A local veteran has taken the removal of the thin blue line flag from the Capitol building into his own hands.
Micah Welintukonis posted a video to Facebook on Thursday showcasing the area where the officer-made thin blue line flag had been removed after Democrats complained that it was racist.
In its place, the combat vet and former candidate for Connecticut Governor taped a printed photo of the flag with a message to the public.
You can watch the full video here.
“This spot is reserved for the police memorial and the Capitol Police had donated a thin blue line flag. So what we did here was put something up.”
In addition to the image of the flag, Welintukonis added a photo of TFC Kevin Miller, a friend and Connecticut officer that died in the line of duty last year.
Welintukonis left a note with the two photos.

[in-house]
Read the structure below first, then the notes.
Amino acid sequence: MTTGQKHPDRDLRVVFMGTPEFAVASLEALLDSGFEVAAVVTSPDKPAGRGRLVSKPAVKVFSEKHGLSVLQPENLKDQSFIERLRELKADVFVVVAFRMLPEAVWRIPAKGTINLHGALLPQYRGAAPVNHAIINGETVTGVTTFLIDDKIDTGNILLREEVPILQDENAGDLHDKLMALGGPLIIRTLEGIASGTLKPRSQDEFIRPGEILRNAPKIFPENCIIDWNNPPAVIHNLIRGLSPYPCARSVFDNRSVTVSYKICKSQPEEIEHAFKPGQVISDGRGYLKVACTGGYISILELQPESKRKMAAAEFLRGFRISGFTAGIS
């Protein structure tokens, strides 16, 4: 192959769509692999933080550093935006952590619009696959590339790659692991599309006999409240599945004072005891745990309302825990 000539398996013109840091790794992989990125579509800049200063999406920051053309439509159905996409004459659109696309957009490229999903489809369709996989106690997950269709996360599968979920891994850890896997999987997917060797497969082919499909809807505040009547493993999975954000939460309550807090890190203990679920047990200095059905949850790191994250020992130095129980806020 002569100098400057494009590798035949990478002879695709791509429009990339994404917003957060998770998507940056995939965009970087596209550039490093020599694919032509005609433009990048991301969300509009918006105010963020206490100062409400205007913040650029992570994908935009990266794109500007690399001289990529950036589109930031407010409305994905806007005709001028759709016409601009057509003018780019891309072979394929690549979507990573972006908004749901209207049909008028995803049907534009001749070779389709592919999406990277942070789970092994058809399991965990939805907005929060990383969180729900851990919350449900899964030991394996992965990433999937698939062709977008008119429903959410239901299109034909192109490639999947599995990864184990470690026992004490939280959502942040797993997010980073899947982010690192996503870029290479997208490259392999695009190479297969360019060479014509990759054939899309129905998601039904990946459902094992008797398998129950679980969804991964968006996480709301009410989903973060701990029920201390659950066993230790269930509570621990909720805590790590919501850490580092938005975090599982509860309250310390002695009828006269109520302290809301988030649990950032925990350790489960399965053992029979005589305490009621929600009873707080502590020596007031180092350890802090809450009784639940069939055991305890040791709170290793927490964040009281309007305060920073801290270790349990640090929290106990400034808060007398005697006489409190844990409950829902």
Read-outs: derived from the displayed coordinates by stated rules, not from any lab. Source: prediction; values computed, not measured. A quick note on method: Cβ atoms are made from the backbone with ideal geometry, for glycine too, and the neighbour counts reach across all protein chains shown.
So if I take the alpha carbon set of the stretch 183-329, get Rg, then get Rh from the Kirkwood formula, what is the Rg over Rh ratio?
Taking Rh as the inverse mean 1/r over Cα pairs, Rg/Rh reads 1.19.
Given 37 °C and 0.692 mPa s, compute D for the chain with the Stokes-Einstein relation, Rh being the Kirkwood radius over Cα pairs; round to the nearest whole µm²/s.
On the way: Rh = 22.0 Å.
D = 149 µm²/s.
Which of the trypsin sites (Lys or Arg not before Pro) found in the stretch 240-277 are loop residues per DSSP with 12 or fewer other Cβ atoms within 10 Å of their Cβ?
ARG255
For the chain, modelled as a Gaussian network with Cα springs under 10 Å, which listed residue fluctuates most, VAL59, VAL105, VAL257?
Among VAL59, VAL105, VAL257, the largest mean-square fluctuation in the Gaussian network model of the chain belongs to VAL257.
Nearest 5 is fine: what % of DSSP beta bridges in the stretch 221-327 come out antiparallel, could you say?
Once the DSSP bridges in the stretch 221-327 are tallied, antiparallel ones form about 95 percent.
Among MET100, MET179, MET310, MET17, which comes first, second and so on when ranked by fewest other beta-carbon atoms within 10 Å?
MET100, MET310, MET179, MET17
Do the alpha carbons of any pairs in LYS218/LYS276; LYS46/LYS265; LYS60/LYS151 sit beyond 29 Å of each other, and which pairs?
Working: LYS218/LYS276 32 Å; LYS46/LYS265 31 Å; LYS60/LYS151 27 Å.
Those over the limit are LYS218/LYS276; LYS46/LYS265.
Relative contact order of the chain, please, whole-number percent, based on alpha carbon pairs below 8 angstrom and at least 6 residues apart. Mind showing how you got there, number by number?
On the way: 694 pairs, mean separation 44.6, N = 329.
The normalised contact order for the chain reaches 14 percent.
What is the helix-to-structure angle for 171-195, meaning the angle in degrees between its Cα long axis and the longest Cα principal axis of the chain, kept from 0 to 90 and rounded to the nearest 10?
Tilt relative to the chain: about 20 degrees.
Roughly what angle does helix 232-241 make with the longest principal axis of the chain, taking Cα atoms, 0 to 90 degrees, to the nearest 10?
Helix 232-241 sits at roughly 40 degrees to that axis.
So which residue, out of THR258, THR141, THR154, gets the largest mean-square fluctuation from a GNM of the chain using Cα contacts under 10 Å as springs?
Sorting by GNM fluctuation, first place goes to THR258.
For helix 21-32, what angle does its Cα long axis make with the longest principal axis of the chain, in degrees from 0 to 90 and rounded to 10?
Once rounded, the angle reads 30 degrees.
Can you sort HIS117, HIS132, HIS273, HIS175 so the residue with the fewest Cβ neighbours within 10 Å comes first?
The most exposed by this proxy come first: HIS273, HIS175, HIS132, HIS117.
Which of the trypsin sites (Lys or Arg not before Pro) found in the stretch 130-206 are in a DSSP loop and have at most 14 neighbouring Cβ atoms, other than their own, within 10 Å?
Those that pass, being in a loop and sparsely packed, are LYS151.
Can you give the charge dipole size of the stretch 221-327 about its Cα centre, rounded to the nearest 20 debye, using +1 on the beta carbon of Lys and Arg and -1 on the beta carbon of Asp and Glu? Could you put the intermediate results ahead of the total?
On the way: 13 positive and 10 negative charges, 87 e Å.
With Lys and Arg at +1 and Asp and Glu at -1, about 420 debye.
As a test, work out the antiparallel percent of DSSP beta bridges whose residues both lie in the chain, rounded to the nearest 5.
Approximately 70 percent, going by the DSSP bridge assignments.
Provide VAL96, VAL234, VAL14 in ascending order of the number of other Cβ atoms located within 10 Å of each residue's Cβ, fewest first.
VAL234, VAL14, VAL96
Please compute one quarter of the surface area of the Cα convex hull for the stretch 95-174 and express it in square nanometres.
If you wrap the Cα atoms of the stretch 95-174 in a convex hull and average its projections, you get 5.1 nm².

“The next time you hear someone potentially stigmatizing this symbol of our law enforcement and what it truly means, tell them they can put on a bulletproof vest, kiss their family goodbye, and try enforcing the laws put in place by politicians that we elected.”
For those that think the flag was a symbol of racism and hate, let us remind you of the artwork that used to hang in the United States Capitol building back in 2017.
An artist’s depiction of the Ferguson riots in Missouri show police depicted as wild pigs with guns.
— Victoria Emily Jones (@artandtheology) February 22, 2017
Now THIS is an example of ‘controversial artwork,’ the same label NBC Connecticut gave to the thin blue line flag.
Rep. Dana Rohrabacher (R-Calif.) was one of those responsible for having the painting removed, after a major back-and-forth controversy was unfolding.
“If someone wants to do this in a private gallery they have every right with their freedom of speech, we support freedom of speech. But you don’t put something attacking policemen, treating them like pigs, here in the Capitol.”
Last night, CT Democrats reversed their decision due to the overwhelming support in favor of police and their families, but the flag has yet to be rehung in the memorial area.